The American fashion retail group behind Urban Outfitters just made a rather curious purchase. It announced yesterday that it had bought fellow Philadelphian firm The Vetri Family group of pizza restaurants for an undisclosed sum.
Apparently no one told parent company URBN that there’s a fairly good reason why even the most hipster of clothes shops don’t sell products with bright red tomato sauce and melted cheese. Its stock fell 16.7% in yesterday’s trading, most of that after-hours as investors digested the news.
Of course, that could have been indigestion from the firm’s flat(ish) sales of $825.3m (£536m) for the quarter to the end of October, but it’s not exactly auspicious for URBN’s new venture. The new partners were unsurprisingly undeterred.
‘Spending on casual dining is expanding rapidly, and thus we believe there is a tremendous opportunity to expand the Pizzeria Vetri concept,’ said URBN chief executive Richard Hayne. Vetri’s co-founder and head chef Marc Vetri added that ‘it’s a perfect match’.
This isn’t an edgy splicing of the shopping and dining experiences, however, the hipster version of the M&S cafe if you will. It’s plain diversification. Fashion is fickle, so investing too heavily in one brand is risky. Indeed, the group’s core Urban Outfitters division actually suffered a modest sales decline in the last quarter as the supercool turn their noses up at its latest offerings.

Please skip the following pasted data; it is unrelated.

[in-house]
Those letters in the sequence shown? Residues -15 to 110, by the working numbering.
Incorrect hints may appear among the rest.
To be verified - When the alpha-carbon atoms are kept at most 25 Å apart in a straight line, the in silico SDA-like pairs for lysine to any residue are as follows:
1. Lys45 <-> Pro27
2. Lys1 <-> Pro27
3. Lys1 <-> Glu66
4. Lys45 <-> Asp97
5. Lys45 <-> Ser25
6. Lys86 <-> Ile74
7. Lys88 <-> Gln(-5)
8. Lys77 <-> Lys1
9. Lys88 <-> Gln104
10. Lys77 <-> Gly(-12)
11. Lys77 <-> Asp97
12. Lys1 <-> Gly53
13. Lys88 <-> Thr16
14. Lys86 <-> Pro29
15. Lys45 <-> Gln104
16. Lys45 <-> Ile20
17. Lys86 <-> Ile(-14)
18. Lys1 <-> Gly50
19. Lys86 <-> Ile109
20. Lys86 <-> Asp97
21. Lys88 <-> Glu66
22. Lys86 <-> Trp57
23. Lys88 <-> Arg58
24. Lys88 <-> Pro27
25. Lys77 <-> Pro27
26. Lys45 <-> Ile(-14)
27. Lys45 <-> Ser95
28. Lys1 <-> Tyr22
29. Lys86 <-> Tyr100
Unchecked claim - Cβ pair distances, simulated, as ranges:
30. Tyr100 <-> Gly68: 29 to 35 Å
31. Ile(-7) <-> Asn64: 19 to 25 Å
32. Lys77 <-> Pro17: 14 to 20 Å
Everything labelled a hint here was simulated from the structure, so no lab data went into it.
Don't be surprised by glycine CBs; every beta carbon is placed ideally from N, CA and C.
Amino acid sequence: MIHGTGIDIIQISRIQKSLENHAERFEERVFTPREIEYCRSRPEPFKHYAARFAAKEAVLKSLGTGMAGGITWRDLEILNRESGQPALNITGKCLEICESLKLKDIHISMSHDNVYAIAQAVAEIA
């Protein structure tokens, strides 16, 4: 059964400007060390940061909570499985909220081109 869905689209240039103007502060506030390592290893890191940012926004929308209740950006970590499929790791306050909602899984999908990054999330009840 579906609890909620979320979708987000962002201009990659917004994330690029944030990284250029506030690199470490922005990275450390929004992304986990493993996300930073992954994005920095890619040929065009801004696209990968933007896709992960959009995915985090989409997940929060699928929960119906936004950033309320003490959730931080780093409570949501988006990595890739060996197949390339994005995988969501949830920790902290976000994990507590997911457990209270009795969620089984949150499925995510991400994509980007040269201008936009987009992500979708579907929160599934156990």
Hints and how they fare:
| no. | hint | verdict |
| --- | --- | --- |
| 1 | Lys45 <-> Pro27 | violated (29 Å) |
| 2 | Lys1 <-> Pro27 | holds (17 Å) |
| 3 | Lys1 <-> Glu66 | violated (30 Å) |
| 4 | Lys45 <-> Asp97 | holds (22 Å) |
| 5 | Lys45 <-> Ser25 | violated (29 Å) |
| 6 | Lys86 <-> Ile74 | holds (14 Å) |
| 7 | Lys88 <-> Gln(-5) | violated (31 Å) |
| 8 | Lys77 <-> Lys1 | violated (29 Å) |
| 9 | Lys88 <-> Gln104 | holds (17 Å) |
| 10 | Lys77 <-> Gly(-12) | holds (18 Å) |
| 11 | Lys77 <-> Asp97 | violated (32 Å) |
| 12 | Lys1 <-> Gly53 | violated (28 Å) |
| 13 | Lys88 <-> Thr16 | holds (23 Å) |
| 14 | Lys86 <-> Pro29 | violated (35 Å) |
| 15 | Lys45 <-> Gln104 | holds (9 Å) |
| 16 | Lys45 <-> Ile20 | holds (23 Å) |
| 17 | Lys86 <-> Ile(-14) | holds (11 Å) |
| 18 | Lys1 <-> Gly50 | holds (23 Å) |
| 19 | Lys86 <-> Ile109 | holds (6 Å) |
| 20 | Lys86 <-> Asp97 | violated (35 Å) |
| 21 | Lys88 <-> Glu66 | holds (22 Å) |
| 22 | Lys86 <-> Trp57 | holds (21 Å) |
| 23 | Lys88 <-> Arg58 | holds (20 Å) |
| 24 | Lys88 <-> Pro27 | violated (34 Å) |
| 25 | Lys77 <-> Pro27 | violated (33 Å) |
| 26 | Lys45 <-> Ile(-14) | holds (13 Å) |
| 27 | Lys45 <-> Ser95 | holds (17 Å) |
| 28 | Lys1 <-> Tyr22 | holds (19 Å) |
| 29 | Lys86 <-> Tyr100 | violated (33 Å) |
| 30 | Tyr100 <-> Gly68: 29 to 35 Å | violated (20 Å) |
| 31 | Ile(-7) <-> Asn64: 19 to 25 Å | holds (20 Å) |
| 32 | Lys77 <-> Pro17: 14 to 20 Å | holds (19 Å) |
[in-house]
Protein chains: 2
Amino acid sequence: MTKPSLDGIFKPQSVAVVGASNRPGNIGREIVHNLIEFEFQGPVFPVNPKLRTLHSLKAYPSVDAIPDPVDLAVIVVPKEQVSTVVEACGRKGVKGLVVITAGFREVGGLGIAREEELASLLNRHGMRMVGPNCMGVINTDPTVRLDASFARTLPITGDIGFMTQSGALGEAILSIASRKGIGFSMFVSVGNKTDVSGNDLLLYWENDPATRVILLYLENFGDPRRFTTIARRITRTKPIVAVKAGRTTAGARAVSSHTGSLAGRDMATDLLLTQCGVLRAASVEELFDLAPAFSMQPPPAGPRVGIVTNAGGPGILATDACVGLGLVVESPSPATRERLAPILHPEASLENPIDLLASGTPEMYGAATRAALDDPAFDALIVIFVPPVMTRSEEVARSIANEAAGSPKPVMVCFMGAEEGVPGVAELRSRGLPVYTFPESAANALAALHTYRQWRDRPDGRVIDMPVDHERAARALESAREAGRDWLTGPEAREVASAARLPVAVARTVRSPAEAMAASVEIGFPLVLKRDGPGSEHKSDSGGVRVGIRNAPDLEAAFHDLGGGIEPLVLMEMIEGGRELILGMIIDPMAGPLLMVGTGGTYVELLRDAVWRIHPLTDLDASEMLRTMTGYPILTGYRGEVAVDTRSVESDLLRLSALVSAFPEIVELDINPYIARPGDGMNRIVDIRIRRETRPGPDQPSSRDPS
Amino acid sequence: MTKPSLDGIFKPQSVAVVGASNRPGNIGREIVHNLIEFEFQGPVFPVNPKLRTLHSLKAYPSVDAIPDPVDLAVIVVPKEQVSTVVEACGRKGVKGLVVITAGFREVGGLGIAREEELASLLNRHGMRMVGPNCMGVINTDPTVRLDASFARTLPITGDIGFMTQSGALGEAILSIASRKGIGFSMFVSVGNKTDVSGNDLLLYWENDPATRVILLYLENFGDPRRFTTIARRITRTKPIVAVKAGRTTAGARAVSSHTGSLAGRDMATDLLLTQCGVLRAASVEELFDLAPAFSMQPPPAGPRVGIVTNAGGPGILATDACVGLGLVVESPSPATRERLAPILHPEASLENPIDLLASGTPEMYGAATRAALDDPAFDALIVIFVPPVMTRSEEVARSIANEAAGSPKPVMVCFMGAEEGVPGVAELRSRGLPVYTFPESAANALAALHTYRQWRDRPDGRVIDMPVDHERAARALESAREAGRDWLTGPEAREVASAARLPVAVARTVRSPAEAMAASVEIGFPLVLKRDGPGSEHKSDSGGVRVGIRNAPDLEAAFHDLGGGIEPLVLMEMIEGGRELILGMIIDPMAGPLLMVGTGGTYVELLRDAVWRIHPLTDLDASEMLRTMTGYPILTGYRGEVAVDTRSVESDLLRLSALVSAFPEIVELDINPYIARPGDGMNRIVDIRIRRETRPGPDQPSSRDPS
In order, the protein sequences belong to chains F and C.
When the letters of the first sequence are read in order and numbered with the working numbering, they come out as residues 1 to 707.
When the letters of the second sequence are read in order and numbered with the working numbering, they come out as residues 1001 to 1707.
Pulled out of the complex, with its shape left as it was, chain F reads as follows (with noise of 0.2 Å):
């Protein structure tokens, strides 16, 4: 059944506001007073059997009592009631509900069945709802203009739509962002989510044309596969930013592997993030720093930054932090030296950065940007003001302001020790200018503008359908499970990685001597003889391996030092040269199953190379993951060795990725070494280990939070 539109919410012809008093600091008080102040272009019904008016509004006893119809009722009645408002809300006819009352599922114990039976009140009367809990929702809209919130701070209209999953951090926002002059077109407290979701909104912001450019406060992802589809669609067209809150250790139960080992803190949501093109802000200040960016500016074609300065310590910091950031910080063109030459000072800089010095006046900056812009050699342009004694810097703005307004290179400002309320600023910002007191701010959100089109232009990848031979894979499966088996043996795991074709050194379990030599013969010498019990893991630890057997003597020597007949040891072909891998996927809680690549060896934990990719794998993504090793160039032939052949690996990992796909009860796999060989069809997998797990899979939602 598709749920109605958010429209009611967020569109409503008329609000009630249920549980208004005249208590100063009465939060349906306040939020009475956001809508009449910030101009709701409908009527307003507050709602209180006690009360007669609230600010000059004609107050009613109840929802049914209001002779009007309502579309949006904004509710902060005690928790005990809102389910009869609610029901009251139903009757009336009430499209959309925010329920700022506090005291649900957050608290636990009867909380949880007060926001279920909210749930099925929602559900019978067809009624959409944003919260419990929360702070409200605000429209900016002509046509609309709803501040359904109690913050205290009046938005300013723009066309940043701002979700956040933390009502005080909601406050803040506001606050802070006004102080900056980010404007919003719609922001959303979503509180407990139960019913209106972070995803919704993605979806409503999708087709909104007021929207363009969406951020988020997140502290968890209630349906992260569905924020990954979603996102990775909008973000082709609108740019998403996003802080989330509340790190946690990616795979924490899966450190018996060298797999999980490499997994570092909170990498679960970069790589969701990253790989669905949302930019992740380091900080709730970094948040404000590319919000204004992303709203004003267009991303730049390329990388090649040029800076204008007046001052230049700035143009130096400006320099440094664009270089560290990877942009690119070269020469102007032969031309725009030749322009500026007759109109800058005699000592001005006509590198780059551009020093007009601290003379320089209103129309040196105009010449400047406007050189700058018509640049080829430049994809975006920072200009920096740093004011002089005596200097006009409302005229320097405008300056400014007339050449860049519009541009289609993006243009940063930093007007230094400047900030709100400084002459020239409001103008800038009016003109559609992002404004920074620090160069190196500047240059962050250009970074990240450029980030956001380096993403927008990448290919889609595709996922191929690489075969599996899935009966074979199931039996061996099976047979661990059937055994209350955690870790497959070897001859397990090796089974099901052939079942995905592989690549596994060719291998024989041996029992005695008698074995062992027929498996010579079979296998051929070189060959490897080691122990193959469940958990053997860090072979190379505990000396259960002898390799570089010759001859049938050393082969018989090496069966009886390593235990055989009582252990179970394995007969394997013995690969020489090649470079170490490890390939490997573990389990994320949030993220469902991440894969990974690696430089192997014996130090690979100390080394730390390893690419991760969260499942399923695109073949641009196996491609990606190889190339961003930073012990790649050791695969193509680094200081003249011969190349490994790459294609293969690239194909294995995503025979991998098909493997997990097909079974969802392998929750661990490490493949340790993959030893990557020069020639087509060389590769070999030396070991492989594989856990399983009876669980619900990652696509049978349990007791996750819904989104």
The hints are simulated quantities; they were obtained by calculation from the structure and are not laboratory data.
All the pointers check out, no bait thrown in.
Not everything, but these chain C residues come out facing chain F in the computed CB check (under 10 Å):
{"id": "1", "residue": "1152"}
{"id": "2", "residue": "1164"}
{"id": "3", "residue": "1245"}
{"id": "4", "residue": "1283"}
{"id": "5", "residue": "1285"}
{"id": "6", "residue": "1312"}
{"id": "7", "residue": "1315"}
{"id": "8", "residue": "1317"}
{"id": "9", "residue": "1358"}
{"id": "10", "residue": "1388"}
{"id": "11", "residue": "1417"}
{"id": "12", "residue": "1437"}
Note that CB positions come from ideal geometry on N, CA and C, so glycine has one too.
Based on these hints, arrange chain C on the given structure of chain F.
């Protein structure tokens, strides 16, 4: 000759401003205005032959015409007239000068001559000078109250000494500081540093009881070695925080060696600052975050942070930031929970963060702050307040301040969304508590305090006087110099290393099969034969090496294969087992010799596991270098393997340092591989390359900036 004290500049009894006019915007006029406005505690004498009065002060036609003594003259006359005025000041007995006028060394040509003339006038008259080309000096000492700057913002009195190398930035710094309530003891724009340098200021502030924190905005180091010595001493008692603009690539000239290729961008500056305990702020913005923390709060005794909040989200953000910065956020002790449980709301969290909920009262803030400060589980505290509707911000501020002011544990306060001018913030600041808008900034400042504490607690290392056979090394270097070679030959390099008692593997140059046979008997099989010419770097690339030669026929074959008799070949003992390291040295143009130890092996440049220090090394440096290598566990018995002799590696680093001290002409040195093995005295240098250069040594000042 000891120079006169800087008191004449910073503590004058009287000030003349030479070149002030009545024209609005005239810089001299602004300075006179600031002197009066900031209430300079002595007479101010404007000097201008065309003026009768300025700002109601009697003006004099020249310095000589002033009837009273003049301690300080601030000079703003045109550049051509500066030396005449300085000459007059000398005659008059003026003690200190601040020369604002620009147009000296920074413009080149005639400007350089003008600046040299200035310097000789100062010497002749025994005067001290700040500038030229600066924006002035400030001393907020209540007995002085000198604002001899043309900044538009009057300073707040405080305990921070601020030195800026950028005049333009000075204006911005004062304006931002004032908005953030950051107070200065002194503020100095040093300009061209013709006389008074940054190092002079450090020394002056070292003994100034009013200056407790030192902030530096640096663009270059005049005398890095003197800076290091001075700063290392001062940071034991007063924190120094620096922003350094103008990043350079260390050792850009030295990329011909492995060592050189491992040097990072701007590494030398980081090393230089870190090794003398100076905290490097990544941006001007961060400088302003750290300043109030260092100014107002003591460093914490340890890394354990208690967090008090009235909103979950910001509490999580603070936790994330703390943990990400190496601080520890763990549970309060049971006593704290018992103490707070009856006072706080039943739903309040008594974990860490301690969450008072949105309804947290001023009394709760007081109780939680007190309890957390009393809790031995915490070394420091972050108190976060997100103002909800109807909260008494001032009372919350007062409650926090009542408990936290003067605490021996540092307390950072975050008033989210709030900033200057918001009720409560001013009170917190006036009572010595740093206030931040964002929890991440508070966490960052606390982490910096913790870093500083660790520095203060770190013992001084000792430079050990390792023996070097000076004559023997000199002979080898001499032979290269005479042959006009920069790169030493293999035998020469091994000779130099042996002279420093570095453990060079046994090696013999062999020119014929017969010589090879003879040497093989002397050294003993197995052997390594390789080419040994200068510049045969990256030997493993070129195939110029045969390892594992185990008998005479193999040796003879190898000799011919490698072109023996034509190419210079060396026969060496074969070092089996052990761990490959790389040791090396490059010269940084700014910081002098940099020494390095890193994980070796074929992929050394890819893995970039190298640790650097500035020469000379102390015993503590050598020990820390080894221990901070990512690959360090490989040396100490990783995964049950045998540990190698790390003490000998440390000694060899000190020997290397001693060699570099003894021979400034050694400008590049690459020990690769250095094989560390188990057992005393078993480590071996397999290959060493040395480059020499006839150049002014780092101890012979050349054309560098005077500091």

By getting its fingers in another pizza pie, URBN could help insulate itself from those buffeting forces. It’s essentially trying to do a ‘reverse-Primark’. The low-cost clothing store has worked wonders for parent company Associated British Foods in mitigating the impact of falling sugar prices, after all.
It could take a while for Vetri’s acclaimed pizzerias to fulfil an equivalent role though. There are only nine establishments across the US at the moment, compared to URBN’s 566 fashion stores globally under the Urban Outfitters, Anthropologie and Free People brands. It could become a sumptuous main course in the future, then, but for now it’s just a side dish - and one shareholders don't think looks very appetising.